The British explorer Sir John Barrow observed kowtowing first hand.
In 1792 he was appointed as an aide to Viscount George Macartney, the British ambassador in Peking. Barrow subsequently wrote, “Travels in China,” (1804), in which he was the first to explain kowtowing to the west.
Barrow wrote, “The Chinese were determined they should be kept in the constant practice of the koo-too, or ceremony of genuflexion and prostration.”
Macartney was given 15,000 pounds sterling a year – or about 2.3 million in British currency today – as ambassador to head a trade mission and establish economic relations between Britain and China. In 1793, he was presented to Emperor Qianlong, or “son of heaven” as he preferred to be called, but the viscount reportedly refused to perform the obligatory show of submission.
When Macartney failed to show proper respect, Qianlong left the meeting, the trade mission was abandoned and Macartney was fired.
In retrospect, Macartney may have thought twice about his actions.
He might have felt that he retained his dignity but had he known – if the trade negotiations were successful – he would have been rewarded with potentially a 7.5 million pound sterling job annually or nearly 1.2 billion pounds today.
Although Macartney’s diplomatic mission to China was unsuccessful some historians believe it did not succeed because of the ambassador’s refusal to kowtow.
The failure to secure trade between Britain and China is believed to have failed – also not a result of the Chinese reliance on tradition in dictating foreign policy – but rather a result of competing world views that were incompatible.
A bird in the hand is worth two in the bush
The proverb “A bird in the hand is worth two in the bush,” means that it’s better to hold onto something you have rather than take the risk of getting something better, which may come to nothing.
A bird in the hand is worth two in the bush is one of the oldest and best-known proverbs in English.
Martin said, it came into the language in the 15th century and is probably imported from other cultures.
The proverb warns against taking unnecessary risks. It is better to keep what you have – a bird – than to risk getting more, playing on the greed of man, and ending with nothing or two birds that are out of reach.
The phrase may be a reference to falconry where a bird in the hand – the falcon – was a valuable asset and certainly worth more than two in the bush, the prey, Martin said.
This saying is believed to be first found in the English language in John Capgrave’s “The Life of St Katharine of Alexandria,” (1450).
“It is more (certain) a (bird) in your fest, than to (have) three in the sky (above).”
John Heywood’s 1546 glossary “A Dialogue conteinyng the nomber in effect of all the Prouerbes in the Englishe tongue” also includes a variant of the proverb. Saying it’s “better one (bird) in hand than ten in the wood.”
Martin said that Capgrave probably didn’t coin the expression himself – many other languages have variants of the saying – but how long the phrase predates his publication isn’t clear.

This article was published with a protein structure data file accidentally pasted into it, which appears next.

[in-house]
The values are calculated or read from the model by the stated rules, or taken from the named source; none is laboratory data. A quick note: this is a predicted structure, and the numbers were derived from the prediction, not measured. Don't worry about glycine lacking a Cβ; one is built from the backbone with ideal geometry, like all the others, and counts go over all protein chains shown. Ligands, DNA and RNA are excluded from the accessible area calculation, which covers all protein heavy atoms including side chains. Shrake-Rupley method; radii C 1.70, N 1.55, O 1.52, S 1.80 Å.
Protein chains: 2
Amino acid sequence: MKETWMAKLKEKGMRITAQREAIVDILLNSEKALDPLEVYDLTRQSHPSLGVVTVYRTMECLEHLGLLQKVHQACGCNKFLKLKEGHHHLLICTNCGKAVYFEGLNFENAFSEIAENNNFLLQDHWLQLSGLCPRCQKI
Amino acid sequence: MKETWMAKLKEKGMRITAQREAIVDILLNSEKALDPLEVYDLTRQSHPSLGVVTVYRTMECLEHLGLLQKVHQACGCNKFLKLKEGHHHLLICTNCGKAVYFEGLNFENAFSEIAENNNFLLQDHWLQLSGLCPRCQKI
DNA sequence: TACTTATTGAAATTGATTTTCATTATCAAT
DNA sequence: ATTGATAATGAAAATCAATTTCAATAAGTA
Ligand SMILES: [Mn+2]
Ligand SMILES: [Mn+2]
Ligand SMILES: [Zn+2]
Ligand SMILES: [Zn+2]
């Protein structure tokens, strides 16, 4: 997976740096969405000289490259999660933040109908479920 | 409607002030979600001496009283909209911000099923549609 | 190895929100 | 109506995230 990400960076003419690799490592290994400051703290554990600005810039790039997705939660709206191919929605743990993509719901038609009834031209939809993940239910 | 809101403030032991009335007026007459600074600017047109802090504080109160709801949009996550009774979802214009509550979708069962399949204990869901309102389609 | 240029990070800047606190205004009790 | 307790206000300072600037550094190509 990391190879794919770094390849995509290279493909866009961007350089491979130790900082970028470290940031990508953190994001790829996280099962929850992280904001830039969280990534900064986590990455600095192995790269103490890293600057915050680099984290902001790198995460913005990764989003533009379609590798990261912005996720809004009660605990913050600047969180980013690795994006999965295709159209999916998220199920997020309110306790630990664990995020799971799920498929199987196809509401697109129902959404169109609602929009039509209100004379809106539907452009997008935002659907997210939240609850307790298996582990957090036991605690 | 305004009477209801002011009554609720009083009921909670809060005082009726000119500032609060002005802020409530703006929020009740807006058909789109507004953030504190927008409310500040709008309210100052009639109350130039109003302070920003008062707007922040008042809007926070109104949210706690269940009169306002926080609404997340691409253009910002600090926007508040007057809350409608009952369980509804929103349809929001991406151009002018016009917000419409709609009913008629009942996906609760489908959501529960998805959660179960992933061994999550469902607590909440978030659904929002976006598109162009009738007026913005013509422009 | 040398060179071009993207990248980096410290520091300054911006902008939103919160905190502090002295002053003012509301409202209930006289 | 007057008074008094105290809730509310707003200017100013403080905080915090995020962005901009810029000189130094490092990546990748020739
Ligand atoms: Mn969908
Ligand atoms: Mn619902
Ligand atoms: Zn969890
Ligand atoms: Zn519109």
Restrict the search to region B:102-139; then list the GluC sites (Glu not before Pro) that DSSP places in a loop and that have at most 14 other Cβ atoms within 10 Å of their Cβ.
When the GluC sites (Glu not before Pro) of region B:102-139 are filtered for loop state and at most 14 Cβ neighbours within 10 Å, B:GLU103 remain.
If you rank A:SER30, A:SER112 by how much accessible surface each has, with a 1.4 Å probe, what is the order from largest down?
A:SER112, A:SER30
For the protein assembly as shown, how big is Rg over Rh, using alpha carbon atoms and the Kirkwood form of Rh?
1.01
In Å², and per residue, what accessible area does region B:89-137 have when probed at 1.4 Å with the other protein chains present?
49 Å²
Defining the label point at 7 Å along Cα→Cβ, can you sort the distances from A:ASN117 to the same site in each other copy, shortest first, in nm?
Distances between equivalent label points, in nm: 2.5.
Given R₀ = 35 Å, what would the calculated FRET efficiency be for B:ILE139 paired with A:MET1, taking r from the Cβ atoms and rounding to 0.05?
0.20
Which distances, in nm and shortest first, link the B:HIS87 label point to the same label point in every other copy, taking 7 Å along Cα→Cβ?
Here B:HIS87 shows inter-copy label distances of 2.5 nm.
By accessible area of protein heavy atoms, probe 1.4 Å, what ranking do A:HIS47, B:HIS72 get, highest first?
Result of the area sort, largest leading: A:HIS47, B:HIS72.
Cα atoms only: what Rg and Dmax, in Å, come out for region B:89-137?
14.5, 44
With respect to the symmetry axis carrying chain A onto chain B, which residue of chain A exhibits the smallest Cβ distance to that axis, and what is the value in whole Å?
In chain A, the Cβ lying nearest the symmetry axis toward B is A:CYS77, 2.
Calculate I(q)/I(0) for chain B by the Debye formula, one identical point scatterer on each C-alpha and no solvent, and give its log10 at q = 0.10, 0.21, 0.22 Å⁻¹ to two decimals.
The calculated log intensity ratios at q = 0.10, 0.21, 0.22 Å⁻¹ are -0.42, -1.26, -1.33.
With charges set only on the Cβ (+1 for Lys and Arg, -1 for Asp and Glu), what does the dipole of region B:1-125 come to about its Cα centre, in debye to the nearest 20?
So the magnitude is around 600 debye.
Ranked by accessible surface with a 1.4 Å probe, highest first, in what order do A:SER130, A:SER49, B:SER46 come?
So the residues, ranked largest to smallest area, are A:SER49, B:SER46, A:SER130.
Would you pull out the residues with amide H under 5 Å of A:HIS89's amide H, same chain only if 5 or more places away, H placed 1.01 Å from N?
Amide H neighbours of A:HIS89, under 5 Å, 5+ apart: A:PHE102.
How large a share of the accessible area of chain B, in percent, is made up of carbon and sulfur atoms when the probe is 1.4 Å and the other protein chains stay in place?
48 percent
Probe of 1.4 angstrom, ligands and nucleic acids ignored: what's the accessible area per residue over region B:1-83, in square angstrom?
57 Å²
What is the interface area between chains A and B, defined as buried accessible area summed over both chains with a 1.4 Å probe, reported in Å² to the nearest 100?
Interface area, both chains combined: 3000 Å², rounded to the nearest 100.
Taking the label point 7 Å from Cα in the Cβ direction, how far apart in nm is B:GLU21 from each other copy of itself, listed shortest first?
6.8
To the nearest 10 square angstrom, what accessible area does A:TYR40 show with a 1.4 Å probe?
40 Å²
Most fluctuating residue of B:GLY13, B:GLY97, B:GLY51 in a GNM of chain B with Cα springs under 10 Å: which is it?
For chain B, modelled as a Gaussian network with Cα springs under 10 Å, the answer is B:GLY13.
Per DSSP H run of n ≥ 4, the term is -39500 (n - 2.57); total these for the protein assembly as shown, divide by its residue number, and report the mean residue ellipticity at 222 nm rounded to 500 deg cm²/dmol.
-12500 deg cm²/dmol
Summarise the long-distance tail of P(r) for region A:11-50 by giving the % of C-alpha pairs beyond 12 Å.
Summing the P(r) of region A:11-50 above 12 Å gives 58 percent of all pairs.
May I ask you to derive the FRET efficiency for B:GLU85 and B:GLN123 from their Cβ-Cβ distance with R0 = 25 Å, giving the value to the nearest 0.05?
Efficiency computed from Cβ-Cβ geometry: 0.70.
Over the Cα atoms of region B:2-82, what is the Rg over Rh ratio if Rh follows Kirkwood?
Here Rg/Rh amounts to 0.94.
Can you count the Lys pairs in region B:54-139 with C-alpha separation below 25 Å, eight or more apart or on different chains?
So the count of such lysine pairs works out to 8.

The 7th century Aramaic “Story of Ahikar” has text that modern translations render as “Better is a sparrow held tight in the hand than a thousand birds flying about in the air.”
English immigrants to America took the expression with them and “bird in hand” and started showing up in the New World by 1734 when a small town in Pennsylvania was founded with the name.
Legend credits the Village of Bird-in-Hand’s name to two men surveying the Colonial highway between the port of Philadelphia and Lancaster, Pennsylvania.
At dusk in 1734, they found themselves at a tavern – a crude log hut – located by a Conestoga wagon stop.
Looking at the meager building one of the surveyors is believed to have said, “a bird in the hand is worth two in the bush,” so the pair agreed to stay for the night with few other options for a more palatable place to rest.
The log hut – built by William McNabb – would become known as “The Bird-in-Hand,” and the village had its name. The Bird-in-Hand Village Inn & Suites now stands on the site of the original tavern.
Different strokes for different folks
This expression began in the United States in the 1960s. The first person to have used it is believed to be Muhammad Ali.
While preparing for his fight with Cleveland Williams in 1966, Ali said, “I don’t have (a devastating) punch. I just hit a man so many times he wished I had a punch,” adding his knock-out punches against Sonny Liston and Floyd Patterson, “I got different strokes for different folks.”
In using “different strokes for different folks” it may be that Ali was repeating existing street slang but if so, Martin said, there’s no surviving record of the expression in print prior to his use of the phrase.
Given Ali’s celebrated and inventive use of language, it is likely that he coined the expression himself. The phase is now commonly used as different ways of doing things for different people.
Knock on wood
This phrase is used by people who rap their knuckles on a piece of wood hoping to prevent bad luck after using an expression that hypothetically opens the door for something unwanted to happen.